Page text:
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Senator Martin Conway has questioned the UL Hospitals' Group over the number of Covid-19 vaccines it received compared to another hospital group. Photograph by John Kelly

Hospitals’ Group Defends Administration Of Vaccine Roll Out

THE UL Hospitals’ Group has defended its management of administering vaccines against Covid-19 following concern over the disparity in distribution among hospital groups.

Senator Martin Conway said certain questions remained unanswered in view of statements made by Health Minister Stephen Donnelly on this issue.

He said it looks as if the national vaccination group approached all the hospital groups and asked them how many they needed to vaccinate and the micro management of the roll out was managed by the individual hospital group.

“Why did Ennis Hospital receive vaccines initially and Nenagh Hospital didn’t? Why didn’t the mental health nurses get it?

“How did the South West Hospital Group administer 19,000 and the UL Hospitals’ Group only

3,400 in the same period of time?

“The group needs to supply details how many vaccines it requested in the first round and outline in chronological order step by step what engagement they had with the national immunisation

task force and what number of vaccines they looked for.

“Were the UL Hospitals’ Group only offered a certain amount or were they offered a different amount and stated they only had the capacity to administer what they got.

“If there is an unfair disparity in the roll-out of the vaccine among the groups, it will have to be completed on a pro rata basis per health worker at national level.

Minister Donnelly stated the HSE contacted the hospital groups and asked how ready they were and how much could they take.

“The initial amount dispersed was done on that basis, and then they immediately moved to a pro rata basis based on the numbers of front-line healthcare workers in each hospital group.”

The UL Hospitals’ Group provides acute healthcare for a catchment population of 473,000 in the Mid-West and currently has about 4,000 employees.

The S/SWHG has responsibility for the provision of acute hospital care for a population of 900,000

people across the counties Cork, Kerry, Waterford and South Tipperary. It currently employees in the region of 11,800 people.

The first vaccines in Ireland were given to staff and patients on December 26 in four hospital sites –

St James’s Hospital, Cork University Hospital, University Hospital Galway and Beaumont Hospital.

UL Hospitals’ Group had communicated in advance to the HSE that it was ready to stand up vaccination clinics as part of this first phase. However, it was not selected as part of the first phase.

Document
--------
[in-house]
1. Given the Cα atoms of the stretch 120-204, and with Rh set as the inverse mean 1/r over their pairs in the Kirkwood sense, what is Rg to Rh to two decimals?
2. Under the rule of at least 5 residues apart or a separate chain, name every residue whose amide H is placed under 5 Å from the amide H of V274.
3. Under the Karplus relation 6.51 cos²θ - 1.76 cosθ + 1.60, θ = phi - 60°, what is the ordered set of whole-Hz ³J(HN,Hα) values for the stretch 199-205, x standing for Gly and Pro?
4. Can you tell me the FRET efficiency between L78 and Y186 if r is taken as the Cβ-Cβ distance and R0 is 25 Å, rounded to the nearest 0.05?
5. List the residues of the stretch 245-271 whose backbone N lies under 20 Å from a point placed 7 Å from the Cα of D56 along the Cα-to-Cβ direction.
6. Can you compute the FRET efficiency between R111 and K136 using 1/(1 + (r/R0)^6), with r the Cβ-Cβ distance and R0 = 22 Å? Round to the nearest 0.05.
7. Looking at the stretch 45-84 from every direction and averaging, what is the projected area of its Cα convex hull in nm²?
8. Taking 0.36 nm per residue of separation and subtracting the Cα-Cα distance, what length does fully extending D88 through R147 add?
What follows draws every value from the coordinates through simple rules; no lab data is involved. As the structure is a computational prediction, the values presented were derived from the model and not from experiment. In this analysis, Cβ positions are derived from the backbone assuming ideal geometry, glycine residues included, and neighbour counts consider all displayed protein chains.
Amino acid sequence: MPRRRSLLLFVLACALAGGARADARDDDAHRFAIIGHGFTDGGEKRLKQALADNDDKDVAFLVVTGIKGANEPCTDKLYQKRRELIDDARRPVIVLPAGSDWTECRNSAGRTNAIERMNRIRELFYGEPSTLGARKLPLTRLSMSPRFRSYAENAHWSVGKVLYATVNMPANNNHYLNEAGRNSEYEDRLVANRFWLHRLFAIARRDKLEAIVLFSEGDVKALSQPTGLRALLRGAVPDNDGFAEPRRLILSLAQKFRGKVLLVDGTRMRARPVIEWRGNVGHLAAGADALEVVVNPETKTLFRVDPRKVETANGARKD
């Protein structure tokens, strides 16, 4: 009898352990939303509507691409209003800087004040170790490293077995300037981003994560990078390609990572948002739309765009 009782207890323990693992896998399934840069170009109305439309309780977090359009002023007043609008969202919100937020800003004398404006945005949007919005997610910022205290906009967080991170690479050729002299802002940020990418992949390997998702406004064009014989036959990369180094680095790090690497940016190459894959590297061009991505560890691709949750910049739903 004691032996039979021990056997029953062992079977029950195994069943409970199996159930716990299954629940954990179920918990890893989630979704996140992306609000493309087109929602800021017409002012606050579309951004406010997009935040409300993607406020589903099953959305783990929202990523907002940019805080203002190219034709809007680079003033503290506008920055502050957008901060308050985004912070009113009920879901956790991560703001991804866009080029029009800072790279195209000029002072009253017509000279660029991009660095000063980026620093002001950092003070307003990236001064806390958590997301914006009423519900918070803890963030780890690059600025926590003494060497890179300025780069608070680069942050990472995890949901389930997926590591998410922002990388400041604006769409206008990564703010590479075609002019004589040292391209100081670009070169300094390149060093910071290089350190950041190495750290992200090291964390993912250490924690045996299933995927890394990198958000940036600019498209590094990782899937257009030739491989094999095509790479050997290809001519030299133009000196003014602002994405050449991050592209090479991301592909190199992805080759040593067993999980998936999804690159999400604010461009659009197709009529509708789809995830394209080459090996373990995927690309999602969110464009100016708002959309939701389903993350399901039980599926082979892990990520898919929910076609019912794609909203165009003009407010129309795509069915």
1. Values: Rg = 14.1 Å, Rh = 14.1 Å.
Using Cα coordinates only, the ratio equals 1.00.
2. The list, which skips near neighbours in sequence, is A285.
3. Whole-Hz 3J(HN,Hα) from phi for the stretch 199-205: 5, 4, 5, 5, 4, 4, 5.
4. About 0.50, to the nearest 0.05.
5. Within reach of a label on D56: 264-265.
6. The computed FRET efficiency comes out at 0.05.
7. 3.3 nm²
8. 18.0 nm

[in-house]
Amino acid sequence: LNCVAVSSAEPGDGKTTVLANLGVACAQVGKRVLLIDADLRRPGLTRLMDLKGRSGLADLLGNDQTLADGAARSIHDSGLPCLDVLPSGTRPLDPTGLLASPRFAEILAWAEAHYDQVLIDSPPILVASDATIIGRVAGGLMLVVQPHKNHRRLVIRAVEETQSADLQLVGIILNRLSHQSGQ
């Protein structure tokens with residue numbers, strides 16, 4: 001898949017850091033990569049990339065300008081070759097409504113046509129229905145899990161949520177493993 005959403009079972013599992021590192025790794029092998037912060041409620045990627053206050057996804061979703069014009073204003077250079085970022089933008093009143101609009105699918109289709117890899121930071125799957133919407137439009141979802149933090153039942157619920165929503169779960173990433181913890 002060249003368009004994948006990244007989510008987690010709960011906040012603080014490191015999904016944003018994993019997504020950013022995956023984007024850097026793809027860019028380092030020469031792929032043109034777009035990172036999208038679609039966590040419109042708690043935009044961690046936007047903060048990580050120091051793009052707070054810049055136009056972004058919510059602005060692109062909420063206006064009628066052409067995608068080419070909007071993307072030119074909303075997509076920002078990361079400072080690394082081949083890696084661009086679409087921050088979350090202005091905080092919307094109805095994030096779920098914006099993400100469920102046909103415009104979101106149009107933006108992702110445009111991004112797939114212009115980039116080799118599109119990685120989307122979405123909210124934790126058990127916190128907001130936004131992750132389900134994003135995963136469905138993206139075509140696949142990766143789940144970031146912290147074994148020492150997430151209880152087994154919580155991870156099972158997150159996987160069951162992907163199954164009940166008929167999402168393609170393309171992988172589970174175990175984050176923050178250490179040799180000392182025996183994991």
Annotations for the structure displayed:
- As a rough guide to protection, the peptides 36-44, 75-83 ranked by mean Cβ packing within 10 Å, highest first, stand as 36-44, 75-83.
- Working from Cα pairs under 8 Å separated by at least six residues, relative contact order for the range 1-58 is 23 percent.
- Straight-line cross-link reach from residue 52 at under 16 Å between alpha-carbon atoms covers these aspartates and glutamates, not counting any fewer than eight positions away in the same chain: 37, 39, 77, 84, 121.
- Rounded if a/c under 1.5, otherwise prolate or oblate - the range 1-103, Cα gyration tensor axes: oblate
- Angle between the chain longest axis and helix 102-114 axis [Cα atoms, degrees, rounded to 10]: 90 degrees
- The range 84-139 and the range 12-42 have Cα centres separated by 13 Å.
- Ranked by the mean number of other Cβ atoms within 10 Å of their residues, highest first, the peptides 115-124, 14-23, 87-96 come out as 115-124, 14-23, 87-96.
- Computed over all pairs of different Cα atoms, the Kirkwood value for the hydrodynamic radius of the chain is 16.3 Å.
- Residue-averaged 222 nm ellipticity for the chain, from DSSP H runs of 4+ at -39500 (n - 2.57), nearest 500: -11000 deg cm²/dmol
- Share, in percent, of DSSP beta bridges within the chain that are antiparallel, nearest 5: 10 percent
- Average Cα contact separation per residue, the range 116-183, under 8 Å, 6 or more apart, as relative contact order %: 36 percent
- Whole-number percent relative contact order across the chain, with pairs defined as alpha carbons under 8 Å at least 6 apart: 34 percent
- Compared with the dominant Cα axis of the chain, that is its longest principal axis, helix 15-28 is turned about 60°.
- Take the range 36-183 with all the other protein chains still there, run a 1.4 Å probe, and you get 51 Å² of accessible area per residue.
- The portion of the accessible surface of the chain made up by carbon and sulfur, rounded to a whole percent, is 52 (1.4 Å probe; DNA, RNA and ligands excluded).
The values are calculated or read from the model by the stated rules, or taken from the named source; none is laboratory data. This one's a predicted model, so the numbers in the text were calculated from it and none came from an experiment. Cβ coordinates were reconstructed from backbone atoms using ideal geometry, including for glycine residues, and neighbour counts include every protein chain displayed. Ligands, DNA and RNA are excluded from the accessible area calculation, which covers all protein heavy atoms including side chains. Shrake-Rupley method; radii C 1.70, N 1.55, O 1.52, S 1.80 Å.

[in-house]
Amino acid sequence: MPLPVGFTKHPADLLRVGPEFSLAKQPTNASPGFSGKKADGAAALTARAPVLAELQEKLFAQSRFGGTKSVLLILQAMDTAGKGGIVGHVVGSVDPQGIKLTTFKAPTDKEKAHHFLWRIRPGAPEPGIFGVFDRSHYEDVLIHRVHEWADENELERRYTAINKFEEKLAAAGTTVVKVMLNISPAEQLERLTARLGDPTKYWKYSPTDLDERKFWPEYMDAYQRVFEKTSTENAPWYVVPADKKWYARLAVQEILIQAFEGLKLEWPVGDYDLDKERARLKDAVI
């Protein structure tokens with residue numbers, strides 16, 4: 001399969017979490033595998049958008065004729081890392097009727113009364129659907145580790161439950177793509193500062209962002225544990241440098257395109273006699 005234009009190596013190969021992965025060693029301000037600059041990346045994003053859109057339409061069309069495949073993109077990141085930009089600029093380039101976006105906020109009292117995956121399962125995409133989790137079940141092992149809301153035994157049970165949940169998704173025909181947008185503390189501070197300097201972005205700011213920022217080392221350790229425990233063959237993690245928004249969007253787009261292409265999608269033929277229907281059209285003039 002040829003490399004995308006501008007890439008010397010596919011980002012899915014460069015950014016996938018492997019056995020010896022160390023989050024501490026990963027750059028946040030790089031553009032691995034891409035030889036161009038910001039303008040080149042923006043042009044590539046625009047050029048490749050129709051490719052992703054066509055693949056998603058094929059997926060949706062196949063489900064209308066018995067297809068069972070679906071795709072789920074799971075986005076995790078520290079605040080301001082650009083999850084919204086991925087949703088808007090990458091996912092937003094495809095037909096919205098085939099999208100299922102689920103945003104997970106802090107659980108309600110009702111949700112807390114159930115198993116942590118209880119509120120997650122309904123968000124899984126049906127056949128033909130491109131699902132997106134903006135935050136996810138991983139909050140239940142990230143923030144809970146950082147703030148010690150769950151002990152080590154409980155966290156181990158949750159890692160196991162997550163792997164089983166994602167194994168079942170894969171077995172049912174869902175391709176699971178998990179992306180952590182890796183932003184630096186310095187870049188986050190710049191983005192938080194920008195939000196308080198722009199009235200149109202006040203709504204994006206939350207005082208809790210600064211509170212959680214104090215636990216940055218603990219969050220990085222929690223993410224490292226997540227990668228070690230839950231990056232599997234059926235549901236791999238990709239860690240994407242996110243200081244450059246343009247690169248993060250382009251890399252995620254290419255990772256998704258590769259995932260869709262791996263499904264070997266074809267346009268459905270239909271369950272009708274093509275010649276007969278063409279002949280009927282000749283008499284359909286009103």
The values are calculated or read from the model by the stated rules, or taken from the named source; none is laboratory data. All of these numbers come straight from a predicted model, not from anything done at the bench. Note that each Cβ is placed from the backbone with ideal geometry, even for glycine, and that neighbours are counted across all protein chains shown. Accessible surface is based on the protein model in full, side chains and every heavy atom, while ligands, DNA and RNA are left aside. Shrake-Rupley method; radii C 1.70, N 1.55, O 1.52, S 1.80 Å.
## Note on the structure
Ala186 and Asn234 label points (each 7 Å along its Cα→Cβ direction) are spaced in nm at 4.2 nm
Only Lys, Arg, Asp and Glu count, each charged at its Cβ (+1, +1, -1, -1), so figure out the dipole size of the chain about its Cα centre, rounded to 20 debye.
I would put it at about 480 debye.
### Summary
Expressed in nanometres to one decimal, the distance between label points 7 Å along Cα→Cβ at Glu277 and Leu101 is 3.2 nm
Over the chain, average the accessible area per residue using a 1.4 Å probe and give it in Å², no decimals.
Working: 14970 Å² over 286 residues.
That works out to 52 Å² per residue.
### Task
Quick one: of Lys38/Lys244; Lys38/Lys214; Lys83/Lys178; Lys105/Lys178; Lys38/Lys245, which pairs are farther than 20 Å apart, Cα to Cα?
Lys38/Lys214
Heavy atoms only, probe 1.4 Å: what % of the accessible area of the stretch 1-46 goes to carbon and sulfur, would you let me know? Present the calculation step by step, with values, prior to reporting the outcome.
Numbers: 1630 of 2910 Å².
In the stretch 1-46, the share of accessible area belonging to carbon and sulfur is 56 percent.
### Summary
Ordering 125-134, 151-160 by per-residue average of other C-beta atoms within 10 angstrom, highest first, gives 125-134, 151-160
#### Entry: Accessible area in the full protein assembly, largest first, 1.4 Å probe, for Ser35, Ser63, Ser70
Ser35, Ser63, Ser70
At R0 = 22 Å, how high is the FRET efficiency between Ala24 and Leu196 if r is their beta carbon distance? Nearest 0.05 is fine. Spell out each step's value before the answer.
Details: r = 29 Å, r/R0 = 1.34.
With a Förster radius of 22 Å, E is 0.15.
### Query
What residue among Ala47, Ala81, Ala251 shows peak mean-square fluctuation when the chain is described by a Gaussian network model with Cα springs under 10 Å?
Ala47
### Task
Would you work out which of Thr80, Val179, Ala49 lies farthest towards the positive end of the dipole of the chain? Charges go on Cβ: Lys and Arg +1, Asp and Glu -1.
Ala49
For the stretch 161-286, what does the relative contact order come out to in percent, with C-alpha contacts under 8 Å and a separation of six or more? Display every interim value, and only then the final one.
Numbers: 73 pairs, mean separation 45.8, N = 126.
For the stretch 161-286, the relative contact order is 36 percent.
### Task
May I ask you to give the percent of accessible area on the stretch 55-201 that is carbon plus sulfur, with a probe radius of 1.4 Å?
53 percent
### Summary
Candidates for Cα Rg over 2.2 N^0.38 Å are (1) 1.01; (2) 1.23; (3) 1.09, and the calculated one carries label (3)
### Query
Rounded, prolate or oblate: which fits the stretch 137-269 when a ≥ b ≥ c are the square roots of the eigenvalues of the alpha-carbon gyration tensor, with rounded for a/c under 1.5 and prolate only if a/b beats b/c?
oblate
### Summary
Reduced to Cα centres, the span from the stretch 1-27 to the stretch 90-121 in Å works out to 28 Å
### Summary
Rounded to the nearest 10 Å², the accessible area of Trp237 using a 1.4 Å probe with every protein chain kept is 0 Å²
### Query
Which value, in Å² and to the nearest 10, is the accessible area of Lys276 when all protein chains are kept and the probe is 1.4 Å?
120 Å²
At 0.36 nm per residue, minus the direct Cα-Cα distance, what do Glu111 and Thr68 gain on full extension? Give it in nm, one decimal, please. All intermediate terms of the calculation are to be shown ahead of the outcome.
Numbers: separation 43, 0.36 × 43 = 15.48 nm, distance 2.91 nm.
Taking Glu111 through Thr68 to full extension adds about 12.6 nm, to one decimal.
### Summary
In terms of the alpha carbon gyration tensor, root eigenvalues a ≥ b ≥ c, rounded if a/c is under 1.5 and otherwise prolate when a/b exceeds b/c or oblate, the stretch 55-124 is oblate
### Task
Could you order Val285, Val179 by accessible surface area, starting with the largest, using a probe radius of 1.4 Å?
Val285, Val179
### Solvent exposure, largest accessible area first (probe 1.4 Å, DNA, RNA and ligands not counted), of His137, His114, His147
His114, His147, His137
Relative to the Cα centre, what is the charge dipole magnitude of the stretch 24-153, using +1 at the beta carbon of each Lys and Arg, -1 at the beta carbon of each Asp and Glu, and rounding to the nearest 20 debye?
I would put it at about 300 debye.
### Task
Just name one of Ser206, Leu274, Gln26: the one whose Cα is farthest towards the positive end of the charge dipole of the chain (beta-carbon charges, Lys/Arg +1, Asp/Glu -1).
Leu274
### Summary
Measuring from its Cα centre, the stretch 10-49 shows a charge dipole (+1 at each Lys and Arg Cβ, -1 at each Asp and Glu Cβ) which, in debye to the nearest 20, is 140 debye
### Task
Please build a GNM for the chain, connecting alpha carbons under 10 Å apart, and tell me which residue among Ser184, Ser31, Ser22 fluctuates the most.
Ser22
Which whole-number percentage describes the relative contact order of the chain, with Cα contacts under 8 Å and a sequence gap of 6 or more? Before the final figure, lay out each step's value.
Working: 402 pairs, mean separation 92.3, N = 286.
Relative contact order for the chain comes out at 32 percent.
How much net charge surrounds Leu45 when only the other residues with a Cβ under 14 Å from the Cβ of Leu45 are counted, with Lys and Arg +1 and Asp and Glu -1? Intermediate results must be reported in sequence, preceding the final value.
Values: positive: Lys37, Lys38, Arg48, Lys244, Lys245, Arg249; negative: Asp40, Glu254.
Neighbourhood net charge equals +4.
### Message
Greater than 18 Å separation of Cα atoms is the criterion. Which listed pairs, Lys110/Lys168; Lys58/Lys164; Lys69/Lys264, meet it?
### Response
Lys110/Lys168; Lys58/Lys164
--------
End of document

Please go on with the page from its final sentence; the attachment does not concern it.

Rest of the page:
The group was advised during the week commencing December 28th, that UHL and Ennis had been selected in the next group of hospitals to commence vaccination, starting on January 4th.

It was at that point the group was invited to place orders for the following week’s clinics based on learning from the initial rollout to the four hospitals included in phase one.

The criteria included each vaccinator would administer a vaccine every 10 minutes, vaccinating six healthcare workers per hour.

Adequate space to set up booths and facilitate observation periods and in compliance with the public health guidelines around social distancing was another factor that was considered.

The number of staff available to vaccinate, observe, reconstitute vials and administration was also taken into account

Based on these criteria, the group placed an order for the maximum number of vaccines it could achieve in UHL based on clinics operating 12 hours a day, seven days a week.

The group anticipated that it could vaccinate up to 300 healthcare workers a day in UHL. Based on the above criteria we also placed orders for Ennis and University Maternity Hospital to vaccinate, respectively, 70-80 healthcare workers a day and 60-70 per day. We took delivery of 2,300 vaccines in the first week of the programme and 1,100 the following week.

UL Hospitals’ Group had communicated in advance to the HSE that it was ready to stand up vaccination clinics as part of this first phase. However, the group was not selected as part of the first phase.

Factors influencing the selection of these sites included the size of the initial delivery of the Pfizer/BioNTech vaccine; the size of the workforce and volume of clinical activity on the hospital sites in question; logistical factors including cold supply chain and the proximity to the selected sites of other large acute hospital facilities.

Based on advice from the National Immunisation Advisory Committee, NIAC, initial limited stock was given to people in hospital settings, where medical teams could be on call on site, and the programme would then move forward to long-term care settings.

The group was advised during the week commencing December 28th, that UHL and Ennis had been selected in the next group of hospitals to commence vaccination, starting on January 4th.

The group was then invited to place orders for the following week’s clinics based on learning from the initial rollout to the four hospitals included in phase one.

Based on specific criteria, the group placed an order for the maximum number of vaccines it could achieve in UHL based on clinics operating 12 hours a day, seven days a week.

 

Dan Danaher

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